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On Definitions of Fairness: A Response to Silver and Iceland
In their article on diversity, equity, and inclusion initiatives and differing definitions of fairness, Eric Silver and John Iceland make the helpful distinction between fairness understood as evenly distributed outcomes and fairness understood as evenly applied processes. They argue that one of the main sources of disagreement between DEI advocates and critics is that they tend to employ different definitions of fairness. They contend that advocates of DEI programming adopt what they describe as a “social justice perspective, in which fairness is measured in terms of evenly distributed outcomes, while critics of DEI programming tend to adopt a social process perspective, in which fairness is measured in terms of evenly applied processes [italics in the original].” They suggest that these competing definitions frequently lead those on different sides of the DEI issue to misunderstand one another and that recognizing the definitional differences can be a step toward having productive conversations.
The clear identification of these two definitions of fairness is extremely helpful. However, I think Silver and Iceland miss the depth of disagreement between the two sides and the fact that the two sides actually do understand each other. These are not simply two opposed definitions, nor is their clash reducible to a lack of communication between people using the same word to mean different things. Most advocates of equal outcomes understand the equal processes perspective perfectly well. But they reject it as maintaining and reproducing social inequality. For example, the 2001 Fordham Law Review article “Equal Treatment and the Reproduction of Inequality,” by Cheryl Harris, recognizes and rejects the view that individuals in different racial groups should be treated equally and in a nondiscriminatory manner. More recently, the celebrated author Ibram X. Kendi, whom Silver and Iceland cite, explicitly and strongly argues against equal, nondiscriminatory treatment, maintaining that achieving equal outcomes requires the preferential treatment of members of marginalized groups. Kendi understands the equal-processes definition of fairness, but he characterizes it as “racist” because it does not aim at equalizing outcomes.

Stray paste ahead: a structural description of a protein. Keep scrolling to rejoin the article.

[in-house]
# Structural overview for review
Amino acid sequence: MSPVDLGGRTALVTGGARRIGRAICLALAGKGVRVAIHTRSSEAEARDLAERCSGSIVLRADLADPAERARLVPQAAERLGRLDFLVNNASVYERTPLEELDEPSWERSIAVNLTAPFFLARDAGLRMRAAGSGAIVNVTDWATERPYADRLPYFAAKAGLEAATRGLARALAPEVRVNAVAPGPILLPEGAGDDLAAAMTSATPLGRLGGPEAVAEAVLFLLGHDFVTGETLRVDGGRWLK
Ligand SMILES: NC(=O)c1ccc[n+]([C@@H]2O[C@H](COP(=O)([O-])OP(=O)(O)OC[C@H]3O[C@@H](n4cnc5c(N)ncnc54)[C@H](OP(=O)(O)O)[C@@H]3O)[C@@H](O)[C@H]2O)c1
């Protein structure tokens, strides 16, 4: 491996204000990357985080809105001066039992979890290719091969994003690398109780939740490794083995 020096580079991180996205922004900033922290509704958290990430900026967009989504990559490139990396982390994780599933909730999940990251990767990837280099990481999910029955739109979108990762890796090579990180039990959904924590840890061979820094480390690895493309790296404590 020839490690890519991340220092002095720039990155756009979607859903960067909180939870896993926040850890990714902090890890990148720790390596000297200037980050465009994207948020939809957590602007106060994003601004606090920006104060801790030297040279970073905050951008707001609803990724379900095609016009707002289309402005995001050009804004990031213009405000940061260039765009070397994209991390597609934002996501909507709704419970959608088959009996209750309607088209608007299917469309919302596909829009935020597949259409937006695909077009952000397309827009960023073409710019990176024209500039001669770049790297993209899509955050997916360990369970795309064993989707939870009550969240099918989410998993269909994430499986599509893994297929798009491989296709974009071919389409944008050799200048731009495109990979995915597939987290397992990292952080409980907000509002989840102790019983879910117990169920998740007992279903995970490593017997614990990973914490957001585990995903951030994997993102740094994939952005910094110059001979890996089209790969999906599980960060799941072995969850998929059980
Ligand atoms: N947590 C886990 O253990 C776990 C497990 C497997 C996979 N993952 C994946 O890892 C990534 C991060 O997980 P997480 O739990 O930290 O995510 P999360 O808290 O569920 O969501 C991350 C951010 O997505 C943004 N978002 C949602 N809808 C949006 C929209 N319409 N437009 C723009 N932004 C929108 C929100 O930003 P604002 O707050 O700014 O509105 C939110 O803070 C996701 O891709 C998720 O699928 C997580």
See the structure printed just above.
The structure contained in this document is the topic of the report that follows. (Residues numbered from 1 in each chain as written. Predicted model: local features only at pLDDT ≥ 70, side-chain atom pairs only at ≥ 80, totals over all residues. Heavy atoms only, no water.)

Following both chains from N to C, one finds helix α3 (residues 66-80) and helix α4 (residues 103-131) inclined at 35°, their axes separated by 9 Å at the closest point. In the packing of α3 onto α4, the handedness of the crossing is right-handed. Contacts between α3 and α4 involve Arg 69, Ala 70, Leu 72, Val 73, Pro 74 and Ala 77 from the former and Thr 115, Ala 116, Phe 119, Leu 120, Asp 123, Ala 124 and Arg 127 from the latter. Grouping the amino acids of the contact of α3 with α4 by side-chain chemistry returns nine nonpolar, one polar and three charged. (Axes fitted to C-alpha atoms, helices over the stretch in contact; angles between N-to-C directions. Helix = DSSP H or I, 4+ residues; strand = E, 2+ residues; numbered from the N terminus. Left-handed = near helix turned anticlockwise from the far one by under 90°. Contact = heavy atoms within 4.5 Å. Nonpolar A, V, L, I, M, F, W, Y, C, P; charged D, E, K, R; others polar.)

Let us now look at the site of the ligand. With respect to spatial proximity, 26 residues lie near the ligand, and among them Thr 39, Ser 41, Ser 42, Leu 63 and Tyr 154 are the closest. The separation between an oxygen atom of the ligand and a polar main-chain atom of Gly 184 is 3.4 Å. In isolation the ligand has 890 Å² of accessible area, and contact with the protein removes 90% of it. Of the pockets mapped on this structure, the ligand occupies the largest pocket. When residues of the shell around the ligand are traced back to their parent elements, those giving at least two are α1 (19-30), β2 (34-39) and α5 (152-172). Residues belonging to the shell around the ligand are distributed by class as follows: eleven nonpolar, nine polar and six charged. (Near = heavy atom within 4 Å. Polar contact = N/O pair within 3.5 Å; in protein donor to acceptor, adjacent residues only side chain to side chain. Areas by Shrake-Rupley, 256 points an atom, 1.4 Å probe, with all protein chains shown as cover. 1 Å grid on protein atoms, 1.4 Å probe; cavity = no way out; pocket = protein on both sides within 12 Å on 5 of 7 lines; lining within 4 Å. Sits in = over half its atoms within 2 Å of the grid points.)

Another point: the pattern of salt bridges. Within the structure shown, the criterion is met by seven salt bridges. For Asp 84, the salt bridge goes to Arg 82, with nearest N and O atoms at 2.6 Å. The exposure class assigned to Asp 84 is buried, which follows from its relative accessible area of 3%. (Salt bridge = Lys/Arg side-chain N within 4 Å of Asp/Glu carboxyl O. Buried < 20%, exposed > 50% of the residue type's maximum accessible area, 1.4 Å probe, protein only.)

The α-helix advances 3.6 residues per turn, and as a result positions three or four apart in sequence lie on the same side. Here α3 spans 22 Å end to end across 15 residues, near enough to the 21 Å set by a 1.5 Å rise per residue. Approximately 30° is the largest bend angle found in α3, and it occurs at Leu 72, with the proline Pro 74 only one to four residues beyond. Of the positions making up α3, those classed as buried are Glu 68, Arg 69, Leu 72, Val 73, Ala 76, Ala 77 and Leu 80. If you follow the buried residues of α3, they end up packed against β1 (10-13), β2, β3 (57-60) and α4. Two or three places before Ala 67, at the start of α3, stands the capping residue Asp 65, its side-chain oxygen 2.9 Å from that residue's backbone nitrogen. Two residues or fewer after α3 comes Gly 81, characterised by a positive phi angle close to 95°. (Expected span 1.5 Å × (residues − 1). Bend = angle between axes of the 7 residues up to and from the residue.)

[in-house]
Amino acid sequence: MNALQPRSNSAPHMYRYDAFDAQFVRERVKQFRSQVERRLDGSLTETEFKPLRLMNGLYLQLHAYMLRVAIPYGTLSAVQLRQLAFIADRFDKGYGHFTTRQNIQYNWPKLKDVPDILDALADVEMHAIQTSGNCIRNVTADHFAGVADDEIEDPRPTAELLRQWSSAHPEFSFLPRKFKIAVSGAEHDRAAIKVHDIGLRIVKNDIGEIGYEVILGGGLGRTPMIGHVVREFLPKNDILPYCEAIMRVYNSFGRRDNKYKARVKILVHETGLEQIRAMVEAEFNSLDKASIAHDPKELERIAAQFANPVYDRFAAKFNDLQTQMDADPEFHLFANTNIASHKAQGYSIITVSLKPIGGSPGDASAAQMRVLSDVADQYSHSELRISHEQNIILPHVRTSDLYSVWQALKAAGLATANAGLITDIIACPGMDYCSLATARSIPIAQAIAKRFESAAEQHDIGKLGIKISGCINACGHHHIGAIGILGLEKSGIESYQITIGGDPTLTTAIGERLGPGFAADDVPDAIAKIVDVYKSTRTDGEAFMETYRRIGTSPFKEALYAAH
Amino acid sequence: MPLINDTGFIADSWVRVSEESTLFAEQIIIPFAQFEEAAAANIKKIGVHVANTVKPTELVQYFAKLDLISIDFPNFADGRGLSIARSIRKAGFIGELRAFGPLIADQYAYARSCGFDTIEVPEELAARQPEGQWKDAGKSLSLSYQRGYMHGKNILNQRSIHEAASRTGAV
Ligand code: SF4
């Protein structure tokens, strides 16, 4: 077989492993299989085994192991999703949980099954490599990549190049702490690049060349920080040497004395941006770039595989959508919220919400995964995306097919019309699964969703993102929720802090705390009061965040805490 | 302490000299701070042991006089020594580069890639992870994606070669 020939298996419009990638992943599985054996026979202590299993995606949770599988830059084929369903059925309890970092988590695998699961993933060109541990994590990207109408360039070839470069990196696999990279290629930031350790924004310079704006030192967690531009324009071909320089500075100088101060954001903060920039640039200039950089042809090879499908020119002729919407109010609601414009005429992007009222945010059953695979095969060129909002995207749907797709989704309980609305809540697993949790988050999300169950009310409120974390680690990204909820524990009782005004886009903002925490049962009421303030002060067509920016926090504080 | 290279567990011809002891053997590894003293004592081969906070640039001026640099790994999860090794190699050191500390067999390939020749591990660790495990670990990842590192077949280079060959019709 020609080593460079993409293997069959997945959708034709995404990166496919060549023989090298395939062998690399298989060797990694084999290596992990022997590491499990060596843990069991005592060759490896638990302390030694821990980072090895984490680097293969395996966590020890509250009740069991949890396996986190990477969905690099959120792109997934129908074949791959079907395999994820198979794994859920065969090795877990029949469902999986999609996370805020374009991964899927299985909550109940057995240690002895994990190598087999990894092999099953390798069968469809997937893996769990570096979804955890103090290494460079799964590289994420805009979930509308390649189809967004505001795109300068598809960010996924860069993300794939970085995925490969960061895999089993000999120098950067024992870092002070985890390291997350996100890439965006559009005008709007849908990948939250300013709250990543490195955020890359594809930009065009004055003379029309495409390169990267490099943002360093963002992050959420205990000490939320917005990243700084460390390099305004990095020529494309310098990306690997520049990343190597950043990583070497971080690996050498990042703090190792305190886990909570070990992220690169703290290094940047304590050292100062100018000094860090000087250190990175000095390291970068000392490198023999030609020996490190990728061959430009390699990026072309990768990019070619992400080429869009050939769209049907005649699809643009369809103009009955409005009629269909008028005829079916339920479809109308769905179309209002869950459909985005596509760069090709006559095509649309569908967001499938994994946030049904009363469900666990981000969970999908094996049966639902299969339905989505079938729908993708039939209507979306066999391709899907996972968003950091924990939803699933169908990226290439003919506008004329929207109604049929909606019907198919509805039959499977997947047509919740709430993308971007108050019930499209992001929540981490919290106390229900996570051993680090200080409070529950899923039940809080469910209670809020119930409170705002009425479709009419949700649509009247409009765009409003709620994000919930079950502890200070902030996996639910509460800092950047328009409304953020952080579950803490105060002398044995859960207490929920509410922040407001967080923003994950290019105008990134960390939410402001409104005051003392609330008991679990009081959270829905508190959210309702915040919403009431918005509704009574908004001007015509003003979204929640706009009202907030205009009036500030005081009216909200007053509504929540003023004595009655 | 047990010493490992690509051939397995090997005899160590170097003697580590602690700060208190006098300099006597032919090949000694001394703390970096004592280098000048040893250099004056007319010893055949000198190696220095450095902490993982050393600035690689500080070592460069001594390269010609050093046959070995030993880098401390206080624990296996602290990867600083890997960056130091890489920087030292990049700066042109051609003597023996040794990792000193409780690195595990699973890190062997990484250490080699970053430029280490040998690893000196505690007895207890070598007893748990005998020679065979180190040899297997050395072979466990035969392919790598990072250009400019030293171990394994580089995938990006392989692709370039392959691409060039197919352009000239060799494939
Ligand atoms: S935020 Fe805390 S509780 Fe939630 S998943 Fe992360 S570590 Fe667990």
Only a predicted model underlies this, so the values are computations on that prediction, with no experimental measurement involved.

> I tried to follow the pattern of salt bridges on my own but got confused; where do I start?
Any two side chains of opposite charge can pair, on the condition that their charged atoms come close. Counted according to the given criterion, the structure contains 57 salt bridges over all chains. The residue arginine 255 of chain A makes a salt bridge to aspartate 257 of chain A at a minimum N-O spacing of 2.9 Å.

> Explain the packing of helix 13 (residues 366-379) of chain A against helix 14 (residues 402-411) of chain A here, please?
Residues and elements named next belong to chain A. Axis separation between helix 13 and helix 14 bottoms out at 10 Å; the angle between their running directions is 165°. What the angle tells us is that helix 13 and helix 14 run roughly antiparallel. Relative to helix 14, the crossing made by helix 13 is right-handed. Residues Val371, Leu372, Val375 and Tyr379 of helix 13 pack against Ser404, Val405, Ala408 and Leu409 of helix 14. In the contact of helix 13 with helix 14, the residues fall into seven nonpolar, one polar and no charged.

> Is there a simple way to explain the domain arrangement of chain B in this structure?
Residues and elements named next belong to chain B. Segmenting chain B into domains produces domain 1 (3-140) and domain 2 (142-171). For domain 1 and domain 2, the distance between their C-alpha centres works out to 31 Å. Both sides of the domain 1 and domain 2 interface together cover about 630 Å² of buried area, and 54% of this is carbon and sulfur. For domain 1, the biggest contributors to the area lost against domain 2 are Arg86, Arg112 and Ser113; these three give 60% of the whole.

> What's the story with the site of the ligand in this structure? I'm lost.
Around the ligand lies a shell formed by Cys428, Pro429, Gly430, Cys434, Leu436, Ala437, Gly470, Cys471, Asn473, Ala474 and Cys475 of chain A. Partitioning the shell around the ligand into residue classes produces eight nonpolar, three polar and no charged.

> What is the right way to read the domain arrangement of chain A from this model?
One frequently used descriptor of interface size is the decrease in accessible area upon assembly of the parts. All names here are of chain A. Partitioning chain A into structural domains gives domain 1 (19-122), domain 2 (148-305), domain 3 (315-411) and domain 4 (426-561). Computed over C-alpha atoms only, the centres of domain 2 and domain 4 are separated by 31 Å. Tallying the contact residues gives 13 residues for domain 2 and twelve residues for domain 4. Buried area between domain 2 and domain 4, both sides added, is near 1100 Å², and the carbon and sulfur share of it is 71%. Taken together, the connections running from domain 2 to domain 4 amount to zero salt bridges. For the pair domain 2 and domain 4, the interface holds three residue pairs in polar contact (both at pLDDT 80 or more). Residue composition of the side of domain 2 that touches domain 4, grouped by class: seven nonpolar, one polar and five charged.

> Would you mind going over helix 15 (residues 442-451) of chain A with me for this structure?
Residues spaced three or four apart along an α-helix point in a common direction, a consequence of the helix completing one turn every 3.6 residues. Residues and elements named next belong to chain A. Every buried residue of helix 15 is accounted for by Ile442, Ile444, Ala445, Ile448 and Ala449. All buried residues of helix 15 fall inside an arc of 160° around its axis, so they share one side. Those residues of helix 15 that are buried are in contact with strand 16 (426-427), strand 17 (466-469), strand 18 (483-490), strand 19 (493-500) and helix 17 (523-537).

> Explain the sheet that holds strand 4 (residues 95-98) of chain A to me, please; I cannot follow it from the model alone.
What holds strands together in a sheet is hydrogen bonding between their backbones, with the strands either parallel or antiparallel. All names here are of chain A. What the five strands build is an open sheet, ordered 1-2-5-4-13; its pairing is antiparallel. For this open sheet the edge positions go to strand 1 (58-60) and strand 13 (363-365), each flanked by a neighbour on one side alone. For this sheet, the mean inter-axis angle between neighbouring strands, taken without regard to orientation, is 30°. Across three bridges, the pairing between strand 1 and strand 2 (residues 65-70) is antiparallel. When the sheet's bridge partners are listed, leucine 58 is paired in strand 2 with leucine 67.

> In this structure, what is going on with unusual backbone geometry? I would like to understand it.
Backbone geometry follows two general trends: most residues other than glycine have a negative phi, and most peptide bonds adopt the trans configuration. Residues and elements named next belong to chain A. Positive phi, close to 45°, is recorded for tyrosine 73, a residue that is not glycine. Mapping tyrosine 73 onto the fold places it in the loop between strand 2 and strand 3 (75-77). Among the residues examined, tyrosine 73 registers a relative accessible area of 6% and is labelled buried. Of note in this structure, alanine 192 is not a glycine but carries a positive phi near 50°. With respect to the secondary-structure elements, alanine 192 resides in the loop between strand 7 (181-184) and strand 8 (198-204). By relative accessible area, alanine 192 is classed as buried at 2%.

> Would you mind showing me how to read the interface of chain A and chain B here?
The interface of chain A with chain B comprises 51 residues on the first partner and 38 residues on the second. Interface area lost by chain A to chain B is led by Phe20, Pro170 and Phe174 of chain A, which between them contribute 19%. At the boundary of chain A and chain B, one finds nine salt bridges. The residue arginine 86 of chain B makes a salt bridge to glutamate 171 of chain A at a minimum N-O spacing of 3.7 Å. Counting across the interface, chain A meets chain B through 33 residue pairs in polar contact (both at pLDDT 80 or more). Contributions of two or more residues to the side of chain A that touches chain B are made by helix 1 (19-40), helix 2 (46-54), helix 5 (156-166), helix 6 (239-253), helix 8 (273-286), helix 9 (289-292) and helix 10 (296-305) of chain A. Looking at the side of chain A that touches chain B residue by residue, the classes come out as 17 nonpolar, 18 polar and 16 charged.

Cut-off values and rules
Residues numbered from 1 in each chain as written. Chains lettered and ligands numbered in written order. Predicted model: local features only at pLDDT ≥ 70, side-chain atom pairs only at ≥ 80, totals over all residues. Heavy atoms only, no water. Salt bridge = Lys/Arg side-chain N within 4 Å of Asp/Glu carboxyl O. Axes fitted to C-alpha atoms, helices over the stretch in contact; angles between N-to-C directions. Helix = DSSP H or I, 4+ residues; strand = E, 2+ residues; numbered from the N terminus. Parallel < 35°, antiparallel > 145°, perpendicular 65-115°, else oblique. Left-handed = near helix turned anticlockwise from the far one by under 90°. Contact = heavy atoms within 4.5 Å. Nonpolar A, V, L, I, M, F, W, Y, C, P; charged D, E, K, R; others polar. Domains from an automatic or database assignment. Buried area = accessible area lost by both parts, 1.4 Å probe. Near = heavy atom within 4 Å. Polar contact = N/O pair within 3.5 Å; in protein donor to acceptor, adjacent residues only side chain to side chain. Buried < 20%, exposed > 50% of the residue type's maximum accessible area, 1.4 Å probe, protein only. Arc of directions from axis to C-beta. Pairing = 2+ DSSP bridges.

Similarly, those on the process side understand that those favoring organizational policies to equalize conditions across social categories hold a competing view of fairness. But they necessarily oppose this view as the use of institutional power to discriminate against individuals and to enforce a program of social goals. Writing in the Wall Street Journal in March 2021, Charles Lipson accused advocates of “equity” of “throwing out the American principle of equality under the law.” Linguist and social commentator John McWhorter has described the attempt to use thoroughgoing racial preferences to achieve equal outcomes as “neoracist.” We do not have a failure of communication here but a fundamental ideological disagreement. No amount of clarifying definitions will resolve this conflict of sociopolitical values.